IT was simply an extraordinary night of laughing lungs out during the premiere of the Simuka Comedy Night in Norton at Pakare Paye Arts Centre on Saturday evening where some of the best local stand-up comedians converged to put up amazing acts.
Dubbed the First Ever Comedy Night, the event enlivened Norton through bringing together different stand-up comics housed at one of the biggest arts and cultural hubs Pakare Paye for the first time.
The night was literally warmed up by upcoming Norton-bred dancehall chanter Dr Vee who gave a good account of himself musically within this genre that has been making waves with its charming popularity.
His versatility on the microphone set the tone for a night that was yet to witness thrilling performances by different artistes in varying disciplines.
National Arts Merit Awards (Nama)-winning comedian Simbarashe “Comic King” Kakora was the first to deliver his set and left the audience in stitches as he hilariously welcomed legendary music icon Oliver Mutukudzi in the house imitating his trademark “cough” that has arguably won him praise among his legion of fans.
Mutukudzi, a steadfast huge fan of comedy, was gracing the event and the night couldn’t have got any better as he also appeared during the event in a typical comic style almost unnoticed amid loud cheers from the audience.
If Kakora’s tightly delivered piece is anything to go by, he is surely on the top of his game and is steadily rising as one of Zimbabwe’s sought comics.
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Upcoming comic, Prosper the Comic Pastor also showed just how he absurd he can be comically perhaps bringing out the creativity attached to comedy.
Bulawayo sensation Clive Chigubhu burnt down the venue with his classy township jokes that relatively depict the culture and lifestyle of people from the South.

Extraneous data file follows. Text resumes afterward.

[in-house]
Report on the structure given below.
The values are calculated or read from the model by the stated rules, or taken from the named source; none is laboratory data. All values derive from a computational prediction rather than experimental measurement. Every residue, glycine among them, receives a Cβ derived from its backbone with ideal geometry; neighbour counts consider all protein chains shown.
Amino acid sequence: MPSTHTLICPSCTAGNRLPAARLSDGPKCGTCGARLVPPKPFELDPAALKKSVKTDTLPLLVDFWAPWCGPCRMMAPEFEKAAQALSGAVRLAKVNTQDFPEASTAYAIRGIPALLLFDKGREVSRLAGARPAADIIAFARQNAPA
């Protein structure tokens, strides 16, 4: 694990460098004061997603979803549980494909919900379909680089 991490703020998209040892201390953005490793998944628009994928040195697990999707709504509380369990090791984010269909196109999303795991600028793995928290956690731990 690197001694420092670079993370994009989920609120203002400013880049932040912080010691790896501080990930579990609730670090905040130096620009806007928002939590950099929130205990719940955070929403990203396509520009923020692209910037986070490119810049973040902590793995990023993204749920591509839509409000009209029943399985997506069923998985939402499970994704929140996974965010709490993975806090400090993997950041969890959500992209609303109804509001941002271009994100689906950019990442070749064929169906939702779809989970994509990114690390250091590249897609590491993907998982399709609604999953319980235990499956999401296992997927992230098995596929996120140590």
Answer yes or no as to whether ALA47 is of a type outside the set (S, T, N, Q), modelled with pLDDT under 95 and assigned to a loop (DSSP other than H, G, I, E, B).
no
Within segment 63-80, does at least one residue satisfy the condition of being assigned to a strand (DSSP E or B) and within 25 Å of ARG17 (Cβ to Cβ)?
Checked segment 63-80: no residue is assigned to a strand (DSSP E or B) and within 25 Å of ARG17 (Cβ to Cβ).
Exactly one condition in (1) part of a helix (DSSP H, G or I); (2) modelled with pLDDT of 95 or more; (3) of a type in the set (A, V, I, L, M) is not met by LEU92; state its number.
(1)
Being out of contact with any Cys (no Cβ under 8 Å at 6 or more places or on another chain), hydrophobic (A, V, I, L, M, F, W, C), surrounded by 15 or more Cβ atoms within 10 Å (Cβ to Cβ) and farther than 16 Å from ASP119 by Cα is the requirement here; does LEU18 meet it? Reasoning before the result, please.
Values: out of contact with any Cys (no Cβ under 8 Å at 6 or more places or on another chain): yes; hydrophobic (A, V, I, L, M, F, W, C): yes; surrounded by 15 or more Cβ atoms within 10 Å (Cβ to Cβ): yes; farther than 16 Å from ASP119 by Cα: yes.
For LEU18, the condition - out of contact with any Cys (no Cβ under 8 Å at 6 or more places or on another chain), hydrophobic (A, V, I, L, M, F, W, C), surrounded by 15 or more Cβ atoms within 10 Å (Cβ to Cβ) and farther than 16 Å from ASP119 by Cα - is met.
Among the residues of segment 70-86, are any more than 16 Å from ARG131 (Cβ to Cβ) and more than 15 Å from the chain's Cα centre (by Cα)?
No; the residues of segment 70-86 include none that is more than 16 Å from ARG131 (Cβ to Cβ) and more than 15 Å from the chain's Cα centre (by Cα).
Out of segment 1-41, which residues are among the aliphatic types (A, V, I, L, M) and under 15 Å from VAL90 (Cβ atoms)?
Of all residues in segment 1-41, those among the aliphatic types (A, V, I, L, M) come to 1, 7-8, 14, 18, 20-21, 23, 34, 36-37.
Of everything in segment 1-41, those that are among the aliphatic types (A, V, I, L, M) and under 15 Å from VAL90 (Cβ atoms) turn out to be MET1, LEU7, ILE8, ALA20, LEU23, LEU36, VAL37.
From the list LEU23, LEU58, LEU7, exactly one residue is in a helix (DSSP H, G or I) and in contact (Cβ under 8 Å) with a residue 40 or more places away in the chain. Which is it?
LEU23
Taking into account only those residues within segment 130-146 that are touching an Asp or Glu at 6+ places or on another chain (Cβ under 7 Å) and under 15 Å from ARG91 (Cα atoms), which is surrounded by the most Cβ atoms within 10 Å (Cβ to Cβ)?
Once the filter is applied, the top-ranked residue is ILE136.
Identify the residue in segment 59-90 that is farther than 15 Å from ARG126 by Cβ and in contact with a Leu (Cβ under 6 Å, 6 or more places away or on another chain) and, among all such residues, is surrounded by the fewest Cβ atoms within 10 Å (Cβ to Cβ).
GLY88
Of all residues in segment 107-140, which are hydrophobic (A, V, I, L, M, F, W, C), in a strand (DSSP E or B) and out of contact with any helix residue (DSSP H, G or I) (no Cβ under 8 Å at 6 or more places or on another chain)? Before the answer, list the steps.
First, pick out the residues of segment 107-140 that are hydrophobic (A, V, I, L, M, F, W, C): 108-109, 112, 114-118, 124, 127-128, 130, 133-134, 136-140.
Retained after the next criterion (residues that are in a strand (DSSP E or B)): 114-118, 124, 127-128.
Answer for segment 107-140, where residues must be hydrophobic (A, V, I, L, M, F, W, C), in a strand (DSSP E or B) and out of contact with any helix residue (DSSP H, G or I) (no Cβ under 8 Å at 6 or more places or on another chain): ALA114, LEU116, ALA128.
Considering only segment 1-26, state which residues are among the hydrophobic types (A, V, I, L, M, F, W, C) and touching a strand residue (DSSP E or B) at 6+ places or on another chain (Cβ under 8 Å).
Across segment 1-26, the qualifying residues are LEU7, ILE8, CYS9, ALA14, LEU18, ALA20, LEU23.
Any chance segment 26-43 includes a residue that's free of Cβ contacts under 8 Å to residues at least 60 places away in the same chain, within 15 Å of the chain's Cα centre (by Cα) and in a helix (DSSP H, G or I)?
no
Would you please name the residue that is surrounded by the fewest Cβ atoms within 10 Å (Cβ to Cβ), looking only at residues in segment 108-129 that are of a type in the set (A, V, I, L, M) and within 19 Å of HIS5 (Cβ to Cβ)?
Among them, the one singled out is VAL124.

Tuku was throughout the proceedings visibly happy and even enjoyed dinner with the performers after the show continuously urging them to explore their potential in comedy circles.
The legendary musician’s guest appearance during this night also marked his first ever interaction with Zimbabwean stand-up comedy.
Munya Mataruse’s Kazevezeve band provided live music from the background to accompany the performances and kept a lively atmosphere throughout the night.
Organised courtesy of Tuku Music Ten Productions, a Norton-based youth theatre club in association with Simuka Comedy Trust, the event was an initiative of combined efforts meant to enliven Norton through comedy and a search for new talent in the comedy fraternity.
Speaking to NewsDay on the sidelines of the show, coordinator of the event Tiry Nelson Gono said: “We are delighted to have hosted this first ever comedy night at Pakare Paye.
This is part of our unwavering support for this fastest growing trade and art form.
“We have also engaged Tuku, a huge fan of comedy whose passion for this component is unrivalled. He is a musical legend yet his influence through experience and the arts centre remains relevant in almost varying disciplines.
“We are hoping that the event grows bigger as this is going to be a monthly event,” he said.
Stand-up comedy certainly has become one of the fastest growing industries in Zimbabwe, receiving endorsements from the corporate world and even showing at spectacles like the Harare International Festival of Arts (Hifa), Harare International Carnival and several events.
Speaking on the growth of comedy, comedian Simbarashe Kakora said: “The prevalent domination of comedy officially endorses it as a universal art form that cuts across all ages, gender, race and language and if prominent figures like Tuku love comedy, then this is a humbling experience that should be given a platform just like music.
“As one of the comedians who started from humble beginnings, I am delighted that the whole comedy fraternity is finally being heard, hence there is need to widen the reach through talent search and more outreach evens,” he said.